Of course, New Albanian bunkers imply something else entirely. Courtesy of the International Documentary Film Festival Amsterdam, this short documentary film tells the story of Albania’s ubiquitous concrete and steel bunkers, 750,000 of which were built during the last three lost decades of Albanian Stalinism.
Here’s the synopsis.
Mushrooms of Concrete
23 min. / Martijn Payens, Belgium / Albania, 2010, color / black and white, video
Albanian Communist Party Chief Enver Hoxha ran the country for 41 years, from 1944 to 1985. Over this period, the dictator left an indelible impression on the poorest country in Europe. Although he saw to it that electricity was available throughout Albania as early as 1967, he also isolated the country from the rest of the world. Hoxha was in constant fear of attack from outside and so he had 750,000 bunkers built at strategic locations, which still dot the landscape. Against the backdrop of these deserted mushroom-shaped bunkers, elderly Albanians tell of their interminable work on them and the many sacrifices they made before going on to train in them: bunkers of various sizes, connecting corridors, subterranean complexes – all waiting for an enemy that never came. The concrete constructions scar the Albanian countryside, a permanent reminder of this “crime against ourselves.” But to a younger generation they are not solely a bitter reminder, for they also offer an opportunity for a better future. The concrete mushrooms are being used as commercial space, nightclubs, storage facilities and high-end restaurants. They are displayed to tourists with pride: “The bunkers are our cathedrals.”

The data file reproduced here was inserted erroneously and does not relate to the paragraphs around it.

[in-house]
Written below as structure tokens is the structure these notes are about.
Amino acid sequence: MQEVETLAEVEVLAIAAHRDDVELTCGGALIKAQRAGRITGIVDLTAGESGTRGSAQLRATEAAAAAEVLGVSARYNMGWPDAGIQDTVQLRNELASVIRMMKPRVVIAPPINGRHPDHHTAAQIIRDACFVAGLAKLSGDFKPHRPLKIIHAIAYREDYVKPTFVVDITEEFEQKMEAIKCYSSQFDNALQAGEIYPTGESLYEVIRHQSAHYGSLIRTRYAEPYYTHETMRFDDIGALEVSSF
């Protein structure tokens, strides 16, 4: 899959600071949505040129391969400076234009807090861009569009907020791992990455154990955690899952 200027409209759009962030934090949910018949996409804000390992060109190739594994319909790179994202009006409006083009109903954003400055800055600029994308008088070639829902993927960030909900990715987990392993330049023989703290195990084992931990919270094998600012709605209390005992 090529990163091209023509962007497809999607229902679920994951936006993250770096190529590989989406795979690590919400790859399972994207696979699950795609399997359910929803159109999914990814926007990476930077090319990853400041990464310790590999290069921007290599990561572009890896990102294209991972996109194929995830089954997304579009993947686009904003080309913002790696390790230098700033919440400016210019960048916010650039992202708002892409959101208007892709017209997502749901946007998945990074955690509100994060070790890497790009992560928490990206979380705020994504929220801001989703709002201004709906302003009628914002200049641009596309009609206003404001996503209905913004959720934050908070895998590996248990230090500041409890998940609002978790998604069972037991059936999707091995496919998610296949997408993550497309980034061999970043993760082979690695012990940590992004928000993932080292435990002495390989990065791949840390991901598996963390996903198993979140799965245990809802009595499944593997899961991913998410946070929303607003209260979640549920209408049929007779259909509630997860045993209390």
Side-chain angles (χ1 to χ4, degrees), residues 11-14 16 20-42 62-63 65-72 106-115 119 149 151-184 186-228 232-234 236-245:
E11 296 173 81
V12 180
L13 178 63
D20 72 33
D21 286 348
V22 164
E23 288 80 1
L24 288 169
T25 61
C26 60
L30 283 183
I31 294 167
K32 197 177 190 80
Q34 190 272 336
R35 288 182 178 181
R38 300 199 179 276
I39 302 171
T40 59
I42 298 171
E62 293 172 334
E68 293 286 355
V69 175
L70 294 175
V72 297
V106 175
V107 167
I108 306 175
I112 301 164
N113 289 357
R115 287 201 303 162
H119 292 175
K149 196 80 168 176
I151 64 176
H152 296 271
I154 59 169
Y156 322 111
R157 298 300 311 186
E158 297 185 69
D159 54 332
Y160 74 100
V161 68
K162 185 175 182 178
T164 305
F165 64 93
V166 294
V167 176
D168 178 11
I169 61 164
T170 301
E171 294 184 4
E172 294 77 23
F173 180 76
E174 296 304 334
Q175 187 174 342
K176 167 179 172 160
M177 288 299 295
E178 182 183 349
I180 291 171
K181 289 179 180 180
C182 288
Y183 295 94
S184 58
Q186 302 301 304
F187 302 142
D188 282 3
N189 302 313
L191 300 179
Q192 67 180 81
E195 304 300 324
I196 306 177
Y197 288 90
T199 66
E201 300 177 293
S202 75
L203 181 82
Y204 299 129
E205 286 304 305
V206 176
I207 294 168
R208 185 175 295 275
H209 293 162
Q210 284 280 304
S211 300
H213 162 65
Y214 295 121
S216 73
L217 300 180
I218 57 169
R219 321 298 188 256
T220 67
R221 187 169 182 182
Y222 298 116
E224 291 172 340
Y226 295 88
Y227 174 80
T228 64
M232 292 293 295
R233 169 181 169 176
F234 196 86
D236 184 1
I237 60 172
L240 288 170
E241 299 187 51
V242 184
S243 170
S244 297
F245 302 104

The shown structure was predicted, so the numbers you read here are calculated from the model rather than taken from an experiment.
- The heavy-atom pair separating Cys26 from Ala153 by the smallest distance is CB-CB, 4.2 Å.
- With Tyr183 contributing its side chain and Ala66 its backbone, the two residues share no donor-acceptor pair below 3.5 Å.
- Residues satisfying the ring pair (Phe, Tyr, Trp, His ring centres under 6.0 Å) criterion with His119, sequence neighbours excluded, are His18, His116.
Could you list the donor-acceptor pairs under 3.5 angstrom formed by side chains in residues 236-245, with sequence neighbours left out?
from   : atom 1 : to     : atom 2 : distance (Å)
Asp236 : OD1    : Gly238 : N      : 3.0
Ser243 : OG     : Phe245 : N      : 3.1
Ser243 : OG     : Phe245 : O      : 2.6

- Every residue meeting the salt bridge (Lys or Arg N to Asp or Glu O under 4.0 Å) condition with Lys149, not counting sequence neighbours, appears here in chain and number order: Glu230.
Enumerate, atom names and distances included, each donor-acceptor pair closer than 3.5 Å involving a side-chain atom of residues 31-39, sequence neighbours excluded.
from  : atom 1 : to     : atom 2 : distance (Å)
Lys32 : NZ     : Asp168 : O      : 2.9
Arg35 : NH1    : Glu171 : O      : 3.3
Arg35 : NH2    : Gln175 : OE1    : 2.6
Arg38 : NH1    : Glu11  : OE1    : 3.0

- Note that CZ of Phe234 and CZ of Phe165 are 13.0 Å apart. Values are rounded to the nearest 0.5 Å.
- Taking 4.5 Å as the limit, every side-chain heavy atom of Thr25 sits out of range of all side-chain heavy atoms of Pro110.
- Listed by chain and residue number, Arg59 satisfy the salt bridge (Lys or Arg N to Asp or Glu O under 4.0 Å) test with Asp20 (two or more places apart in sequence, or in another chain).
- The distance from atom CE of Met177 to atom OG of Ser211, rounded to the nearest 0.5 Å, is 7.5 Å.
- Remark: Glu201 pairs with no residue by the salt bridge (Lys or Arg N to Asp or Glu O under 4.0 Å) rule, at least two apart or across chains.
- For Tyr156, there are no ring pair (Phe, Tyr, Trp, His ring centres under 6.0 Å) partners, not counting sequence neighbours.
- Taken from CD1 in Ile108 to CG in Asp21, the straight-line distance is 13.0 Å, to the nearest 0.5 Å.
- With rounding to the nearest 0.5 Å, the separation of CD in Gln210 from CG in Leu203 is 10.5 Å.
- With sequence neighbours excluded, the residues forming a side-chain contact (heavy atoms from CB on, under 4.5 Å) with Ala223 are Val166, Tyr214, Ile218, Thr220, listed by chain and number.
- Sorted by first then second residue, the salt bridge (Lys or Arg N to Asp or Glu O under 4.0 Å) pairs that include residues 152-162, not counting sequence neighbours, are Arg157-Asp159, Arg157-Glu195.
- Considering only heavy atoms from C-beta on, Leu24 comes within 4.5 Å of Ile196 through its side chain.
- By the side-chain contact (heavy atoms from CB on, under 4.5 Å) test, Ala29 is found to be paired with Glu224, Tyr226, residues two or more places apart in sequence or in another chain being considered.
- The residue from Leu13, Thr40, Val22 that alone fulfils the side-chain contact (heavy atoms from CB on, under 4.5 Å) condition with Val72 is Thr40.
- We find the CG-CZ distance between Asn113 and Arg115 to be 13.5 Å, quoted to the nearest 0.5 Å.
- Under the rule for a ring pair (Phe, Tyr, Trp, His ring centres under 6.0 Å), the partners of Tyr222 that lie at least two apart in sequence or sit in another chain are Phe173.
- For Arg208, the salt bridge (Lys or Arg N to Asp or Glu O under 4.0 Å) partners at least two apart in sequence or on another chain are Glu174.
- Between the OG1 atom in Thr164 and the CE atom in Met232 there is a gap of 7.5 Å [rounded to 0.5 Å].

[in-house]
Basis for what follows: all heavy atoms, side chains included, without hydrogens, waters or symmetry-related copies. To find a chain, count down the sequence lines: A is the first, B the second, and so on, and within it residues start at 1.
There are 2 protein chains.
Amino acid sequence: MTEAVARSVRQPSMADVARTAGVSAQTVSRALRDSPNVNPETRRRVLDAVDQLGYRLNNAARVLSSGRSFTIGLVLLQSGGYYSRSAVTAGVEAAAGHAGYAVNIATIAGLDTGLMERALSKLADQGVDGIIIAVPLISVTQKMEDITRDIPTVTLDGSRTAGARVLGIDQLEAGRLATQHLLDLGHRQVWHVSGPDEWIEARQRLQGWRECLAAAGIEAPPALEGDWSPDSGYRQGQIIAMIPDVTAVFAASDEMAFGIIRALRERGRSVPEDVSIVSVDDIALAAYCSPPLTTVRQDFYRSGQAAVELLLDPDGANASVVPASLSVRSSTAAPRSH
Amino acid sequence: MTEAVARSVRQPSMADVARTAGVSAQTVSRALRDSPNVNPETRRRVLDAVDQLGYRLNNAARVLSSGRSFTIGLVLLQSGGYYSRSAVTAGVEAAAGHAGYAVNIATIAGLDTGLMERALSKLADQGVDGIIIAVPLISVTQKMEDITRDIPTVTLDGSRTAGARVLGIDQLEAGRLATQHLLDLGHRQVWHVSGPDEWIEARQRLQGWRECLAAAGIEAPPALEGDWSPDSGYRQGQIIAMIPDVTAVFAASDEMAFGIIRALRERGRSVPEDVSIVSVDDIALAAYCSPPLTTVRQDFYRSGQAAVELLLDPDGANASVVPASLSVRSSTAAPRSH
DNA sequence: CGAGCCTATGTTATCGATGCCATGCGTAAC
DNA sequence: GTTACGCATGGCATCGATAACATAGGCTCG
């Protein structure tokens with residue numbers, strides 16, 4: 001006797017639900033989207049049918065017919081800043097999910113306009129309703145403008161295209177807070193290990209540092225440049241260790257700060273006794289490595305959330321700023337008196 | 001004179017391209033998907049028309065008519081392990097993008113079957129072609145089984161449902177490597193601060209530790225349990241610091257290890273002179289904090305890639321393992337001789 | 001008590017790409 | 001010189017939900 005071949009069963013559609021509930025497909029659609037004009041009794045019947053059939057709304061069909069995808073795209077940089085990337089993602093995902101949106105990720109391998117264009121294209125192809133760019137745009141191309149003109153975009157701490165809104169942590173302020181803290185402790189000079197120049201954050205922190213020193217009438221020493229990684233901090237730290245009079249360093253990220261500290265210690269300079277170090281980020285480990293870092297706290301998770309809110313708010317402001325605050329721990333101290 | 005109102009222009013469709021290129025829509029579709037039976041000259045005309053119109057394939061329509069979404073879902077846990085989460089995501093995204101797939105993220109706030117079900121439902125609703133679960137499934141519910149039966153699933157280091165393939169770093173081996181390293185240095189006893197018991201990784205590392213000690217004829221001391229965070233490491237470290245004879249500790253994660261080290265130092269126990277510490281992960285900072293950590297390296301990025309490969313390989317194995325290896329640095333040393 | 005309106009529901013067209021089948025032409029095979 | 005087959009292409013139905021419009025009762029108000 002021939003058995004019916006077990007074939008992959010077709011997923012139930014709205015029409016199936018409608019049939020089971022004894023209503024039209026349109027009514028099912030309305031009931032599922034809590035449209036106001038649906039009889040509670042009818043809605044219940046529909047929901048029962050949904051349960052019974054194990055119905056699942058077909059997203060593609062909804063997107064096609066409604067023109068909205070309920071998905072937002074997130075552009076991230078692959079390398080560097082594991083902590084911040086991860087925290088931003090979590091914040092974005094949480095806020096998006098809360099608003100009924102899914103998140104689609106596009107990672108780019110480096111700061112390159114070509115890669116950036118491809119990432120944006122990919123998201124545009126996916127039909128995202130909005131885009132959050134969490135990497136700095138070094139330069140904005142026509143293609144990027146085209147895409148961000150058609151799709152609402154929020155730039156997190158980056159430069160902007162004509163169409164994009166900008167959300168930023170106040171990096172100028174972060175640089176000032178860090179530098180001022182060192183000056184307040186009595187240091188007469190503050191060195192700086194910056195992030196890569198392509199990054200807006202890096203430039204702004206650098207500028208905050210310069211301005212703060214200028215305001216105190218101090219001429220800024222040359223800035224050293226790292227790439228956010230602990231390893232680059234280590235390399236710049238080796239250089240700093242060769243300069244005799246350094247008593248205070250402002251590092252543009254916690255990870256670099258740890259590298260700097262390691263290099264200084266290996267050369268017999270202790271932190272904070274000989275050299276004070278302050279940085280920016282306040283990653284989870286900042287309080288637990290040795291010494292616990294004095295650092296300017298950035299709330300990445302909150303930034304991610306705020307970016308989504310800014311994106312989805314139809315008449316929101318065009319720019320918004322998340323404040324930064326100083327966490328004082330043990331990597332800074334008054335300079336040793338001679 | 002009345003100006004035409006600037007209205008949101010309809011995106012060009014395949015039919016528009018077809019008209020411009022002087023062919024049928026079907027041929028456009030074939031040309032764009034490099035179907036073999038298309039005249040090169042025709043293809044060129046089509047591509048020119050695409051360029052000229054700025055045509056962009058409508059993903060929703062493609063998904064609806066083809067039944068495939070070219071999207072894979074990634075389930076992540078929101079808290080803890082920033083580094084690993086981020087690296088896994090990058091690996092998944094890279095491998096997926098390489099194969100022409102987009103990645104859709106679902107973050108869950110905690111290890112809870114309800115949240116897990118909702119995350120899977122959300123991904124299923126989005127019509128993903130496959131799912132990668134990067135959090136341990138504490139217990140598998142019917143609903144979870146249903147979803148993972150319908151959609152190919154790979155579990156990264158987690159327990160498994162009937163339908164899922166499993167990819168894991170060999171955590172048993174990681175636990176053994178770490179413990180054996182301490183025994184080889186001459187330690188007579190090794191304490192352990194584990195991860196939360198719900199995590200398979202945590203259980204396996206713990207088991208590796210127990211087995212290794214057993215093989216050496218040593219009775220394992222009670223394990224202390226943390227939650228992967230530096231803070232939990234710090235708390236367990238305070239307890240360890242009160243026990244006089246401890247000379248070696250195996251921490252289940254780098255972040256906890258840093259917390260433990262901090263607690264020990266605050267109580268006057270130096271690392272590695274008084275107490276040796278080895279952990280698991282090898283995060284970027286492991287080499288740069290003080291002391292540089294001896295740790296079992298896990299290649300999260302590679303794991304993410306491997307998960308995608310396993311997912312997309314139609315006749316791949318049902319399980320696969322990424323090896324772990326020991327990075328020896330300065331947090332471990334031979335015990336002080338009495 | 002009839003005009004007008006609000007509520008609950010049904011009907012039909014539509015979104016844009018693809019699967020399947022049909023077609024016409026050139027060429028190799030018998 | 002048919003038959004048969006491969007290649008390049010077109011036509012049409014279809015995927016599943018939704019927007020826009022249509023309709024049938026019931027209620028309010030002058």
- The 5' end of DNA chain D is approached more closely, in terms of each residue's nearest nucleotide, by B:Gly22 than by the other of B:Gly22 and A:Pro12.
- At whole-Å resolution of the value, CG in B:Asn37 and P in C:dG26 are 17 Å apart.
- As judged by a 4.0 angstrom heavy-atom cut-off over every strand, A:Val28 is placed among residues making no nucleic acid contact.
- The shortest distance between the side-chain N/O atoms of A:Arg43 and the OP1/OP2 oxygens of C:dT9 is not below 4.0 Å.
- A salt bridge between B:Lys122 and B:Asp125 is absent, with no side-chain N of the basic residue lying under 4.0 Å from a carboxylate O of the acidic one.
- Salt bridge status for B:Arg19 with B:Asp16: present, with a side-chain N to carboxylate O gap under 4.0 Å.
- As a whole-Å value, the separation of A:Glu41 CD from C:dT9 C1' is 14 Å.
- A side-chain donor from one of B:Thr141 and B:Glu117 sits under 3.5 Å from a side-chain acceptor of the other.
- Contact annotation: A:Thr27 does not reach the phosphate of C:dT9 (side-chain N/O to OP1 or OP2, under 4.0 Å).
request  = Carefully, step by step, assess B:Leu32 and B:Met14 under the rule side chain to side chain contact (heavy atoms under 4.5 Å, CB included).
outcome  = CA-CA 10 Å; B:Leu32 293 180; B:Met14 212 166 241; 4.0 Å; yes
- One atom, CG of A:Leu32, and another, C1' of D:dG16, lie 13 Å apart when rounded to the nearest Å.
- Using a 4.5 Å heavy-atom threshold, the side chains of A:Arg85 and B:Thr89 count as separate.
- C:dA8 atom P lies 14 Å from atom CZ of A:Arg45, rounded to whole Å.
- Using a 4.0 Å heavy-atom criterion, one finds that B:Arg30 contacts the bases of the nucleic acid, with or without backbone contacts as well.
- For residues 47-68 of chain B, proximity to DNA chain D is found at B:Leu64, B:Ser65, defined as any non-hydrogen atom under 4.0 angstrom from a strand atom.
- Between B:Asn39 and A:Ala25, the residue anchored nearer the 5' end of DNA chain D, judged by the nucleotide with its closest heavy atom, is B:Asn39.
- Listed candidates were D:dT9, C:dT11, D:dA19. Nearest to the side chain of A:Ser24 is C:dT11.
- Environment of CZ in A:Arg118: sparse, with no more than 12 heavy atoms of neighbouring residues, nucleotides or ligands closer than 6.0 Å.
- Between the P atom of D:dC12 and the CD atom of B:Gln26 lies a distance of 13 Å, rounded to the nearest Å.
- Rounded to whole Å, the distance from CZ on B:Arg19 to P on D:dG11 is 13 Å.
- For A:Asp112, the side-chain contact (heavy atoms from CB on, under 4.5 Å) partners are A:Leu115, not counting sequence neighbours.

Sex probably wasn’t on Hoxha’s mind very often, but in terms of adaptive reuse …
Bunkers in Albania (Wikipedia)
… There have been various suggestions for what to do with them: ideas have included pizza ovens, solar heaters, beehives, mushroom farms, projection rooms for drive-in cinemas, beach huts, flower planters, youth hostels and kiosks. Some Albanians have taken to using the bunkers for more romantic purposes. In a country where until recently cars were in short supply, they were popular places for lovers to consummate their relationships; as travel writer Tony Wheeler puts it, “Albanian virginity is lost in a Hoxha bunker as often as American virginity was once lost in the back seats of cars.”